The Silicon Valley Voice

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When Good Questions Go Bad

Believe it or not, some people do not enjoy job interviews.

To thee and me, a job interview is a wonderful opportunity to meet fascinating people, many who are A-list celebrities from a company’s glamour division, the HR department.

At its best, a job interview is like free therapy, where you can receive valuable feedback on your career and your life from a person who is better than you because they have a job and you don’t. Even at its worse, a job interview represents an opportunity to demonstrate that you are in touch with your deepest emotions by putting you in a situation where you can feel free to whimper and beg as security leads you out of the building and deposits you by the side of the road.


In other words, to enjoy a job interview, you have to be a masochist, or you have to be prepared. That’s where Chad Brooks can help. In an article he wrote on, Brooks reported on the top five questions favored by five top hiring experts. Unfortunately, the experts did not provide the top five answers to the top five questions, but that’s where I’m something of an expert myself. When you’ve had as many red-faced bosses pointing fingers in your direction while they sputter with outrage, you learn to come up with answers, quick.

Question No. 1 is from author Michael Murphy. “When you finish your work, what do you like to do?” This question is “artfully vague,” according to Murphy, since it allows the applicant to prove himself or sink himself, without any help from the interviewer. As you would expect, a good answer is “When I finish my work, I ask my boss for more work, because I have no life outside of work, and I’m always working to get more work.”

A bad answer is when the candidate talks “about personal, nonwork activities they would do, such as eating, going out or other entertainment, or playing with their kids, family or pet.”

Clearly, people who want to have a personal life and indulge in non-productive activities, like eating or playing with their children, are anathema to the hiring manager. And rightly so. That’s why I suggest your answer goes further than the tired “work is my life” approach. Instead, explain that the minute you learned you had this interview, you divorced your spouse and gave your children up for adoption. You boarded up the kitchen, took your puppy to the pound and put your aging parents in a nursing home.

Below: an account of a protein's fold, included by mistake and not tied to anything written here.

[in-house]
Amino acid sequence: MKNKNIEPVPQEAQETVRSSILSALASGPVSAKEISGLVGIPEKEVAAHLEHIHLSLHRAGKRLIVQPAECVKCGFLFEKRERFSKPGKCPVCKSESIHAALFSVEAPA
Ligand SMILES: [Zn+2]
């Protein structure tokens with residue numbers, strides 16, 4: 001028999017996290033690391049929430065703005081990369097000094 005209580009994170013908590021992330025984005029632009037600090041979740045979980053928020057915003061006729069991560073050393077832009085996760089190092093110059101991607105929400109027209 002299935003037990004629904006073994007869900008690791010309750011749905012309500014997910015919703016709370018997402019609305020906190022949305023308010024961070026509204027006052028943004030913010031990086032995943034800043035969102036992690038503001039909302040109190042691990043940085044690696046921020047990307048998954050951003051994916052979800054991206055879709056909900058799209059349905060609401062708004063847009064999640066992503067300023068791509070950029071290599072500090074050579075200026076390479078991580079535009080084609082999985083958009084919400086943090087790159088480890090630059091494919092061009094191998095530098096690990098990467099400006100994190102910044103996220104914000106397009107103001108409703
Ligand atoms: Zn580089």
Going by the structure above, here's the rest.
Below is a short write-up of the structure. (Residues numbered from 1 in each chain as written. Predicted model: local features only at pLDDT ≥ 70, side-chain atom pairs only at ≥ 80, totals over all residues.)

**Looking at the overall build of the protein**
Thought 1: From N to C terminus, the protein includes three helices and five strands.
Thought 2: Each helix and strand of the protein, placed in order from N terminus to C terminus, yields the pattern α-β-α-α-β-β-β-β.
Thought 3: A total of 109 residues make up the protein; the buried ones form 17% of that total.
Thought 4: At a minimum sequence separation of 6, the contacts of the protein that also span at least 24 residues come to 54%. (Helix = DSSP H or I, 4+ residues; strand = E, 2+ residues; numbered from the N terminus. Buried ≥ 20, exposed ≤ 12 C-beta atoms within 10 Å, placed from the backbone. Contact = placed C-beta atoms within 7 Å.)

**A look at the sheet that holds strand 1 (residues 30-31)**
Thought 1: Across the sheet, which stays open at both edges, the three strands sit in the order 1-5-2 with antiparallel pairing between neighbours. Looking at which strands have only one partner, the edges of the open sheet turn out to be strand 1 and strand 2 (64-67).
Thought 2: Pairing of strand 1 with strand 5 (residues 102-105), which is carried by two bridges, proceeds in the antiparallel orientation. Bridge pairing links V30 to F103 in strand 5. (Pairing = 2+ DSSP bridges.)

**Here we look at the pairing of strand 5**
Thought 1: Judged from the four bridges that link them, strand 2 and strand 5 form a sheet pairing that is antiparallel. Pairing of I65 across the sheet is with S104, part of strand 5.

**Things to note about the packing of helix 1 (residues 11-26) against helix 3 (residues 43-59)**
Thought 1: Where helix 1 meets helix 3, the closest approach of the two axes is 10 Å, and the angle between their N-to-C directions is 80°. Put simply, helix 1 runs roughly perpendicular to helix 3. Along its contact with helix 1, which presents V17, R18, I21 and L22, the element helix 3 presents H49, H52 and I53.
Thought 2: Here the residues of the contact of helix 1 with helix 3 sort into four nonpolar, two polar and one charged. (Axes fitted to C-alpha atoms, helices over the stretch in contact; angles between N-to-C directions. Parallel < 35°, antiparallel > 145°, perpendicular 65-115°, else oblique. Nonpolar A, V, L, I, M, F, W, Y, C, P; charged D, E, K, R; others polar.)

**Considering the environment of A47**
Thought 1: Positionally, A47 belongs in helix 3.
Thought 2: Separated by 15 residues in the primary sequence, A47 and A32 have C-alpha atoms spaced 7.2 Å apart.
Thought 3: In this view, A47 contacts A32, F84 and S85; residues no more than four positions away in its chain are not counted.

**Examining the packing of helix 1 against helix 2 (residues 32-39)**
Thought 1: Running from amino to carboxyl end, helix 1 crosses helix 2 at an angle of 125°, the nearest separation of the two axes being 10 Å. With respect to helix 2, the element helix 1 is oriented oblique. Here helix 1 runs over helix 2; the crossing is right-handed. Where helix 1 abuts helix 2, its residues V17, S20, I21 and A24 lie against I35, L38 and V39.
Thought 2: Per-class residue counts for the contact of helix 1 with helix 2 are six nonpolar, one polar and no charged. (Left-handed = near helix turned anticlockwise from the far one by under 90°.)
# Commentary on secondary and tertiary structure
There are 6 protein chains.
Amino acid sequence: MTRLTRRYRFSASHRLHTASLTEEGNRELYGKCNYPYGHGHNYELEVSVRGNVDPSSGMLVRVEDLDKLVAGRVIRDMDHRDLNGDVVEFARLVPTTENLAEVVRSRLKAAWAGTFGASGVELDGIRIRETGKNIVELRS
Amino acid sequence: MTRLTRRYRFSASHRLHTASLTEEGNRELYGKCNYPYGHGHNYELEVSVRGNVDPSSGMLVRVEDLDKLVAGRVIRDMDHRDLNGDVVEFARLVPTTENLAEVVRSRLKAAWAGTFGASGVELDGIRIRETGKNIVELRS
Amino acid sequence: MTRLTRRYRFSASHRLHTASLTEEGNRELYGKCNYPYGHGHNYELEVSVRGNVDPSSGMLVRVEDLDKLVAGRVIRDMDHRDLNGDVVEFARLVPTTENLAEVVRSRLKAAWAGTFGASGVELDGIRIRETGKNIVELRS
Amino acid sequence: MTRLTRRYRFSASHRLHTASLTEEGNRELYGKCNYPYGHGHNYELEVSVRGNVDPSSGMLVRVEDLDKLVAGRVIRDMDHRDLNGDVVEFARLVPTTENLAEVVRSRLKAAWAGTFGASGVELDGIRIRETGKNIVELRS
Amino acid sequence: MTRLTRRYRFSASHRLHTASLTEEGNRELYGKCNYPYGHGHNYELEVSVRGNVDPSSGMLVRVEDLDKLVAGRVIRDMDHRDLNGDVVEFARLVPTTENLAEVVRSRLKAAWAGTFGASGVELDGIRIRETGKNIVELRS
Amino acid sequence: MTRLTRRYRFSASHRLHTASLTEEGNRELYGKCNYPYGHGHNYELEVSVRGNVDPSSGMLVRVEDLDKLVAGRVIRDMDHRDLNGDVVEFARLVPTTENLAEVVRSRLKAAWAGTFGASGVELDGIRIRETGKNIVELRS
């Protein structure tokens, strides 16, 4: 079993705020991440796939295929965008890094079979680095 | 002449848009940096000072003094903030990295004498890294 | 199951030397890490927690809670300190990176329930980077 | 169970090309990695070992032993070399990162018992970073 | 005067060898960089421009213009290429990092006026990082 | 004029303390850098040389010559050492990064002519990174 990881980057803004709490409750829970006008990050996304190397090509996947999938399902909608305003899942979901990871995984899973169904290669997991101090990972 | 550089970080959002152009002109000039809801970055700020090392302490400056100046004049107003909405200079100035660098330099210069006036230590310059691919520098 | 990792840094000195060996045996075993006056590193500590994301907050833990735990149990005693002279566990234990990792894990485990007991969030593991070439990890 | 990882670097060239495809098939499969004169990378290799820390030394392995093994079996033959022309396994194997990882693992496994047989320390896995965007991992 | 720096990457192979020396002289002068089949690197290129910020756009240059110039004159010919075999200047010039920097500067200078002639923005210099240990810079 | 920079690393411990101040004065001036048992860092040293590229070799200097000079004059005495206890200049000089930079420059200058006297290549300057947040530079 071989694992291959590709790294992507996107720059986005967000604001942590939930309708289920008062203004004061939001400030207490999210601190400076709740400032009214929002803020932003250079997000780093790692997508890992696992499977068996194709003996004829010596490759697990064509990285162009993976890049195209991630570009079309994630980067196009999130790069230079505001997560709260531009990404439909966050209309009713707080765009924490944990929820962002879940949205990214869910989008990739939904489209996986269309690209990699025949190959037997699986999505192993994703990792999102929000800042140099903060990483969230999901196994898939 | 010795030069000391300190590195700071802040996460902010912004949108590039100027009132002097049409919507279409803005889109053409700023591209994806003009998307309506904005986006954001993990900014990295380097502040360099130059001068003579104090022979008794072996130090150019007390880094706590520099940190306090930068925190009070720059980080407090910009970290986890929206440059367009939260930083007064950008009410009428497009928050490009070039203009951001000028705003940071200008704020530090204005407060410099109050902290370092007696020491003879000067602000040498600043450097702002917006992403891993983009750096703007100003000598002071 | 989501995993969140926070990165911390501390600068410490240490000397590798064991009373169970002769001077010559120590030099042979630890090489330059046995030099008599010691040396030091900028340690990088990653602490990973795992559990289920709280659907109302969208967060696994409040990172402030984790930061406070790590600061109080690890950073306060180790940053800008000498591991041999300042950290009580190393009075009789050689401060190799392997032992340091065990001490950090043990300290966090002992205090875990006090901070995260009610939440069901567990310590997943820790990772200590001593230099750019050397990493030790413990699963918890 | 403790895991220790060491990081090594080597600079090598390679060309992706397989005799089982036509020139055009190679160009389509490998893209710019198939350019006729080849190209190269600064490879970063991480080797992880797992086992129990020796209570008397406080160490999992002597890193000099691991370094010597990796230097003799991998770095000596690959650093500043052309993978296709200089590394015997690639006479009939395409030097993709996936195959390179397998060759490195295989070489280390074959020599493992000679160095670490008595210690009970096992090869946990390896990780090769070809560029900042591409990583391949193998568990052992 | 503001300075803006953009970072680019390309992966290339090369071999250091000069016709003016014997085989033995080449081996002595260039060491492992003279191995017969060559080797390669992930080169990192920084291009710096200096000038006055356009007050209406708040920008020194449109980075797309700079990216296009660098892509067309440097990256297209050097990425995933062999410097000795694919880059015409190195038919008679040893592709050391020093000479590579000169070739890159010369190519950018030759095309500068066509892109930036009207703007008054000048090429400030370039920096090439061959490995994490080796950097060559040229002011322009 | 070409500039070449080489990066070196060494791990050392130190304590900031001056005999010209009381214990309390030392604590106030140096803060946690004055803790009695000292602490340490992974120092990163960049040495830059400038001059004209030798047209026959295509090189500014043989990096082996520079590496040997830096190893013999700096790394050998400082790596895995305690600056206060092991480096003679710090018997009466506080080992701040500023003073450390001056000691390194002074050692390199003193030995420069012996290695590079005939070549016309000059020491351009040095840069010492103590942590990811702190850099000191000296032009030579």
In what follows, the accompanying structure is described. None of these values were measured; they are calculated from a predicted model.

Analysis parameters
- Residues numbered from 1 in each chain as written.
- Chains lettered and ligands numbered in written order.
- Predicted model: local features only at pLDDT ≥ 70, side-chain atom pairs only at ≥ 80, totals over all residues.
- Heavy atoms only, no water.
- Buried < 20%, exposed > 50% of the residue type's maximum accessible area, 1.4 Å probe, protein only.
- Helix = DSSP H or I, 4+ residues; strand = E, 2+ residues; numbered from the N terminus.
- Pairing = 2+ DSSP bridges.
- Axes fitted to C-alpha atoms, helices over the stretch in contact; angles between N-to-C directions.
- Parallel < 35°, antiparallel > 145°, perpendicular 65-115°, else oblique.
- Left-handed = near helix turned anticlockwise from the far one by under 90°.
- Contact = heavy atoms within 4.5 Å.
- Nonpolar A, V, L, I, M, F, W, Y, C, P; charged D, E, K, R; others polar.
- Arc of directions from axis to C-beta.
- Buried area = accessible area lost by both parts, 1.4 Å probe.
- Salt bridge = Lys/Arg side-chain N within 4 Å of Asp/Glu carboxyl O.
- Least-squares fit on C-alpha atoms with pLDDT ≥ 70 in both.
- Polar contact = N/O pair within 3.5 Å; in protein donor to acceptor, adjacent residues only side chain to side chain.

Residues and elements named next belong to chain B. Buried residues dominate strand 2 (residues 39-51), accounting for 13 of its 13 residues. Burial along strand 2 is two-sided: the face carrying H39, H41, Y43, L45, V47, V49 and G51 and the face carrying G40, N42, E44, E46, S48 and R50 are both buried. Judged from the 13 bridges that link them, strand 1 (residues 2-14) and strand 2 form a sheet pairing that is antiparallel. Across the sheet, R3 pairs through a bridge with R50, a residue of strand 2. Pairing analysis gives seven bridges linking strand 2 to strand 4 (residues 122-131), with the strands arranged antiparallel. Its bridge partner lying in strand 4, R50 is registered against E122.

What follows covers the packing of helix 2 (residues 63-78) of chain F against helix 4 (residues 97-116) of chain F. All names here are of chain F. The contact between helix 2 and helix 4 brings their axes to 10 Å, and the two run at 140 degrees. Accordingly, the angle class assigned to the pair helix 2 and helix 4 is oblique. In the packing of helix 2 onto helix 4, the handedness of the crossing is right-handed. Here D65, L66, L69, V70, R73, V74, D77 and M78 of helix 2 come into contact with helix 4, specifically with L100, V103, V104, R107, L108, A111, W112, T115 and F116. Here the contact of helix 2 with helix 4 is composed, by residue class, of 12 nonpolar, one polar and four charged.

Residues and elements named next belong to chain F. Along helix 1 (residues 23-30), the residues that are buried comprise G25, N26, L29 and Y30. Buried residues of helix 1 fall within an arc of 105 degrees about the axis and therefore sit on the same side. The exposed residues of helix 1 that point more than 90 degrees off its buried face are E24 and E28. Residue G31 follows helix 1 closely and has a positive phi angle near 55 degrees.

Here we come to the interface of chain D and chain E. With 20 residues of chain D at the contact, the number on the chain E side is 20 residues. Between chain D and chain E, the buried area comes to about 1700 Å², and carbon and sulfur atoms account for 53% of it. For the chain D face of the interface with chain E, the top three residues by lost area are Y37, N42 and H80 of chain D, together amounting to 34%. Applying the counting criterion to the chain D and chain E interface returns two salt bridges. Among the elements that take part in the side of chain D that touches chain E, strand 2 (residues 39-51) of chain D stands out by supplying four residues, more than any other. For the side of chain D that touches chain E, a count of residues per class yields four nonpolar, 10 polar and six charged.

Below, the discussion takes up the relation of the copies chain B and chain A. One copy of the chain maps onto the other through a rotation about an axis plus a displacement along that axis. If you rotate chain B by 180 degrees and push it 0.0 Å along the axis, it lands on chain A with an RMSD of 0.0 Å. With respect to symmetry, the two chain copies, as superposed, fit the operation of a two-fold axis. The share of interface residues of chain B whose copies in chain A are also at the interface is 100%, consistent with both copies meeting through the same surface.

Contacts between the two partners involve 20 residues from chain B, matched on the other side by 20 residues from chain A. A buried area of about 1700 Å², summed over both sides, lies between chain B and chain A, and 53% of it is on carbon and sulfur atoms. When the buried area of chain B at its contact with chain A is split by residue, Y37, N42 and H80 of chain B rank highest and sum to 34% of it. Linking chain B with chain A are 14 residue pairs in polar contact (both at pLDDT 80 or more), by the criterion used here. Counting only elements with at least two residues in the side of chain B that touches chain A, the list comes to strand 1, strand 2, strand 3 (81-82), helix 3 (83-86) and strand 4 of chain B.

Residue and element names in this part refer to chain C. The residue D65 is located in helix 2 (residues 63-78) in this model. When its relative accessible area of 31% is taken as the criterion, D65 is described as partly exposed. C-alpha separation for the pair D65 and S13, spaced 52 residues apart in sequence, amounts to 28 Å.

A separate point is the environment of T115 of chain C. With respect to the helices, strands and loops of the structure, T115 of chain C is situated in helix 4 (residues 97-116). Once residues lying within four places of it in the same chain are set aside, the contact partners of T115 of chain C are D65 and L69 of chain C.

Hey, anyone can say they’re going to focus on work; you’ve proved it.

Question No. 2 is “what’s the nicest thing you’ve done for someone.” Again, skip the obvious answer about your charity work in the third world or the 12 rescue cats you’ve adopted. Show your sense of self-worth by humbly saying, “Well, I was born.”

Question No. 3 is an old chestnut, “Tell me about yourself.” Many people hate this question, but career counselor Arlene S. Hirsch believes job seekers should “embrace it.” That way they can take advantage of the opportunity to getting “the time and space to really talk about themselves in a meaningful and convincing way.” I agree, but why limit your answer to talk? What better time to commandeer the interviewer’s computer and take him or her very slowly through your entire timeline on Facebook? Bring that wonderful delivery room video your father made when you were born, too. And speaking of video, those sex tapes you made somewhat later in life will definitely add dimension to your self-portrait.

Question No. 4 is sneaky. “What type of reference do you think your former boss will give you when I call?” The idea here is to get you to reveal information that your boss would never provide for fear of a lawsuit. So play it safe. “My former boss will say that I’m a lazy, psychotic employee, but she was really sorry she had to fire me for embezzling money from the Christmas party fund.” Trust me, compared with the real reason, it’s a much better story.

Question No. 5 is also tricky. Tell me “about a time when you were at your best” may seem a simple question, but when your best times are so few and far between, you could be stumped. That’s why I recommend that you answer this question with a question of your own — “Would you like to take another look at my sex tape?

Bob Goldman was an advertising executive at a Fortune 500 company, but he finally wised up and opened Bob Goldman Financial Planning in Sausalito, California. He offers a virtual shoulder to cry on at


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